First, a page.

Tuesday, January 27, 2009
I) 10th to 19th February
Traditional Kanjeevaram and Chettinad cotton and silk sarees of Tamil Nadu from Santanalakshmi pure silks and cottons, Bangalore.
1. Thalampoo pettu - Cotton body and silk border traditional sarees
2. Kasakasa kattam - Check cotton and silk cotton sarees
3. Priyangata - Check cotton sarees
4. Kandangi - Striped cotton sarees
5. Vyraoosi - Striped cotton sarees
Mango border, Kanjeevaram saree
II) 13th February onwards
A new range of cotton handloom kurtis in different styles & cuts, weaves and block prints for the summer.
III) 21st February onwards
Shirts and kurtas for men for summer. Also introducing knee length kurtas in cotton handlooms
Dates: 21st February onwards
Monday, January 19, 2009
|Workshop displays dyeing processes with eco-friendly colours|
Say it with eco-friendly hues: Children have a dekko at the dyeing process at a workshop on Saturday.
HYDERABAD: An elaborate and tedious procedure of cleaning, seasoning and colouring remains hidden behind the matt-finished handloom garments that are embellished in natural dyes. The whole process manifested itself before the eyes of those who attended the workshop organised by the Dastkar Andhra at their retail stores ‘Daram’ on Saturday.
The workshop displayed dyeing processes in natural as well as chemical colours that are eco-friendly.
“Chemical colours containing naphthol and sulphur are not good for health. Some are even carcinogenic. Reactive dyes, though chemical in content, are eco-friendly and do not cause any harm. They are widely preferred for exports as clothes dyed in harmful chemicals are not accepted abroad,” says Durga Lakshmi from Dastkar Andhra.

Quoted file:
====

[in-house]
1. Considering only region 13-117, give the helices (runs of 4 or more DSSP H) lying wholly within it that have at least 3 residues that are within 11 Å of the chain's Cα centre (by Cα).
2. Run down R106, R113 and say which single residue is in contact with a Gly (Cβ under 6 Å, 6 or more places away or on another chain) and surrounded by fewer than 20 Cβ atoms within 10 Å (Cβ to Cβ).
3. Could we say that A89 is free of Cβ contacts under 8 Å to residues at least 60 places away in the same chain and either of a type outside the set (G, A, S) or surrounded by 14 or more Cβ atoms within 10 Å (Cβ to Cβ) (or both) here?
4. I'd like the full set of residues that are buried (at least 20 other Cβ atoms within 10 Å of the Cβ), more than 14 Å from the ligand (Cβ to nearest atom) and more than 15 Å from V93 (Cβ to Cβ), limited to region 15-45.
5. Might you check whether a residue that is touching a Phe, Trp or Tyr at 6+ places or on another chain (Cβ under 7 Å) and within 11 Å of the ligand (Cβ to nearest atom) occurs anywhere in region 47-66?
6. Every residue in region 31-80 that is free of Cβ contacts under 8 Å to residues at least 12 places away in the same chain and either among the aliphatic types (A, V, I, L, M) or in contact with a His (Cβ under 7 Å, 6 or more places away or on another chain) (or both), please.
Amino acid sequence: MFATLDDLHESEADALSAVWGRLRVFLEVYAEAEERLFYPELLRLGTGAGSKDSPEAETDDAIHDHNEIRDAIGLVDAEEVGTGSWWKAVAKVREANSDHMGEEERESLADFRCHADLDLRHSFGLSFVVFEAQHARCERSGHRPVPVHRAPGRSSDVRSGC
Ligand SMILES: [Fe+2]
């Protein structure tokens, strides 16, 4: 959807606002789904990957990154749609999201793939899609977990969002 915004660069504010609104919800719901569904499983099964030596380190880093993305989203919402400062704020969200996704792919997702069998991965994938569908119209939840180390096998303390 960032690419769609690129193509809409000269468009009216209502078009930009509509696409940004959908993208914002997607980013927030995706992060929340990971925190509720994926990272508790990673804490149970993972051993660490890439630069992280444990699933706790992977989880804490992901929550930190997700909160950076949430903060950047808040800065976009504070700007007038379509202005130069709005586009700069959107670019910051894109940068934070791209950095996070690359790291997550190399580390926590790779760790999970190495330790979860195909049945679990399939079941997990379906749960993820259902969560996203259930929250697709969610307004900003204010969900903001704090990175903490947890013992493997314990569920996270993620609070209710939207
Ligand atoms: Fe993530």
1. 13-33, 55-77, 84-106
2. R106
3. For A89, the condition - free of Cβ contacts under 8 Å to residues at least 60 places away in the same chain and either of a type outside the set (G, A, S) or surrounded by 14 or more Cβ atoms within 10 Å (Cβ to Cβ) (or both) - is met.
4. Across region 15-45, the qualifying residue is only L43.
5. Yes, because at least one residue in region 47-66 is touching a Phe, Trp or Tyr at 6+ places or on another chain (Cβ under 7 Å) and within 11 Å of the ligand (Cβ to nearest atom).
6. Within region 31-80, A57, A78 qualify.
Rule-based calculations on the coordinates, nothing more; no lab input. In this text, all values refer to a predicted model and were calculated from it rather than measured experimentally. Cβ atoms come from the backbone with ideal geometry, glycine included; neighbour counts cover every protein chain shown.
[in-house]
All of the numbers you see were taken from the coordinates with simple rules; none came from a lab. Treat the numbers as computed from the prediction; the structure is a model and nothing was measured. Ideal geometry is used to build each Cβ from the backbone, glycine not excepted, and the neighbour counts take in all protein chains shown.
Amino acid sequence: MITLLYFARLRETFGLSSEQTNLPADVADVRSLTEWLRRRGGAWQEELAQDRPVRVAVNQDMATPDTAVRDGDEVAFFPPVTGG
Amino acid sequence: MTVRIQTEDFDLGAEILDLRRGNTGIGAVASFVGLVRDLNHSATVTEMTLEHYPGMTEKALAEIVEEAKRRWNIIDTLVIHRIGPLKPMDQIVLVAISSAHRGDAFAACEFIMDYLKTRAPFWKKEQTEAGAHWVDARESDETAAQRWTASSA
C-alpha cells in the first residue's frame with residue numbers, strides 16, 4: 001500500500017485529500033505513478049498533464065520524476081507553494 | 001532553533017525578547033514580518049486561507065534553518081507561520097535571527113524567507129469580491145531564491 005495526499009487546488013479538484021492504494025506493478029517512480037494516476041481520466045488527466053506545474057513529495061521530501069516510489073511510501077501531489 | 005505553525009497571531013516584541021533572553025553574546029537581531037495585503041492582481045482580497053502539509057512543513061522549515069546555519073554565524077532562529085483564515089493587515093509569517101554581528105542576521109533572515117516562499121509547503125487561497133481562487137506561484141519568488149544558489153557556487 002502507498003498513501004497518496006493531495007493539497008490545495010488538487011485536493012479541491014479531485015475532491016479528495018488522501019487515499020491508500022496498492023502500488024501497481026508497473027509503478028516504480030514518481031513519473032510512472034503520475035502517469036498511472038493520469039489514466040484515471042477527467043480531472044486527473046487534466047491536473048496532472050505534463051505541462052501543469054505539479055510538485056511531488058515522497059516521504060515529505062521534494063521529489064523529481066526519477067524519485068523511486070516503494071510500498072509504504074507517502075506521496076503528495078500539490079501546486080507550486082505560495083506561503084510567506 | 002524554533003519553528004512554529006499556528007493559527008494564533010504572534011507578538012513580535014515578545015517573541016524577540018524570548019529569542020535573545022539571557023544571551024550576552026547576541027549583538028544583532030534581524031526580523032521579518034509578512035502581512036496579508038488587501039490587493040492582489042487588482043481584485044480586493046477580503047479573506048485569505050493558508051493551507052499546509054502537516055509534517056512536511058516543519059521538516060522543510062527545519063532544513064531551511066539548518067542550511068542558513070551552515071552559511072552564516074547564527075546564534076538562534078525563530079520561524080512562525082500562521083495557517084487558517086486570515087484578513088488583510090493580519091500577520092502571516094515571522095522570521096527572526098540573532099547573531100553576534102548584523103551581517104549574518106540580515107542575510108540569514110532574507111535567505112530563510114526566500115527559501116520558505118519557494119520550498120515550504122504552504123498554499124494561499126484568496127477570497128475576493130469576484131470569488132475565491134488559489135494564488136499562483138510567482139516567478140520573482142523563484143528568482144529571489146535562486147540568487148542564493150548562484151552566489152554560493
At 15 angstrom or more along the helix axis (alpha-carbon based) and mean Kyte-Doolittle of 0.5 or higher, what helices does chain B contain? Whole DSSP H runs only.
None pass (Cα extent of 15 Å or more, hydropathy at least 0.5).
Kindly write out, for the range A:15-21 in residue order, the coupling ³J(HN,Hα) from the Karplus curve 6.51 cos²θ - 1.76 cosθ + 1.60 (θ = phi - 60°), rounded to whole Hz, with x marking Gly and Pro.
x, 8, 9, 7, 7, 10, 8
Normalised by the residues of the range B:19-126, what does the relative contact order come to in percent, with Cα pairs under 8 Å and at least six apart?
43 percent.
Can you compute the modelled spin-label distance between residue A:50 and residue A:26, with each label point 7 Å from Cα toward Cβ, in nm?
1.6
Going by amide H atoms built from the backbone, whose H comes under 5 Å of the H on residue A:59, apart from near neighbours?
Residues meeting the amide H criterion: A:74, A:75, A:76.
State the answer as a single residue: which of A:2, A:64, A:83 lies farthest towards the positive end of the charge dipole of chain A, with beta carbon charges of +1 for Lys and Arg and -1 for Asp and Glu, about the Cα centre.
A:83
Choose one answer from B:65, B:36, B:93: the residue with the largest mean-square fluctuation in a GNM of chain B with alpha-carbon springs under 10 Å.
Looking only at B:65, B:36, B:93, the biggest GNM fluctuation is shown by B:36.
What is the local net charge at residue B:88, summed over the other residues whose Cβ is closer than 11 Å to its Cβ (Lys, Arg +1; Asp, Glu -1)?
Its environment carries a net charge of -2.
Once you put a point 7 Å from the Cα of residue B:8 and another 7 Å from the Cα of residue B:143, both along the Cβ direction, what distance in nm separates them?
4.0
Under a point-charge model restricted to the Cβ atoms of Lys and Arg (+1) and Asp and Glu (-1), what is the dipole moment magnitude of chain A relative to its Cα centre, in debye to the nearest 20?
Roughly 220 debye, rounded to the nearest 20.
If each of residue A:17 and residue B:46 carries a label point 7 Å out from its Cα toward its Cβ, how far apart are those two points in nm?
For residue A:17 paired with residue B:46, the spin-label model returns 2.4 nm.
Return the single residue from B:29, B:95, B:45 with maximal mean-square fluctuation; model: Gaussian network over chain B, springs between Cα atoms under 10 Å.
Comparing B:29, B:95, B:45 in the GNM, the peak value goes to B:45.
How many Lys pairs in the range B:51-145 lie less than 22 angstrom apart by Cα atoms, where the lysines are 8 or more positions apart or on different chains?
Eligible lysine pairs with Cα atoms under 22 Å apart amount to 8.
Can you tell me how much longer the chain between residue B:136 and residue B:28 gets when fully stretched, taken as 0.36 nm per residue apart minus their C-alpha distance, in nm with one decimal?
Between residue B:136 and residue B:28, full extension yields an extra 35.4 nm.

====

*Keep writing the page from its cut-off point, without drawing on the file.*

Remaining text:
Dyeing in natural colours needs about ten to fifteen days as the process involves boiling the yarn to remove impurities, treating it with suitable tannin, and giving the alum treatment before the actual dyeing. The process differs slightly for the reactive colours as the yarn does not need the tannin treatment.
About seven eco-friendly colours and ten shades among them may be derived with various combinations of ratanjog, pomegranate peel, alizarin and indigo, said Ms. Durga Lakshmi.
The workshop with three phases of demonstration was attended by the students from various institutes of fashion technology and aficionados of handlooms and eco-friendly colours. Also part of the workshop was the demonstration of ‘kalamkari’ block printing with natural dyes.
Sunday, January 18, 2009
In September last year, dāram conducted a day long workshop where dyers and block printers from across Andhra Pradesh demonstrated various techniques of dyeing yarn and printing hand woven cotton fabric using natural and safe dye materials.
Following is a short note we had prepared at that time on natural and safe dyeing:
Cotton yarn in natural dyes
Dyeing cotton yarn and fabric with natural materials like indigo, pomegranate, ratanjyot, katha, and areca, has been an age old practise across India and a vibrant palette has always existed. With the advent of chemical dyes, however, the technology of natural dyeing was badly affected and has been slowly disappearing.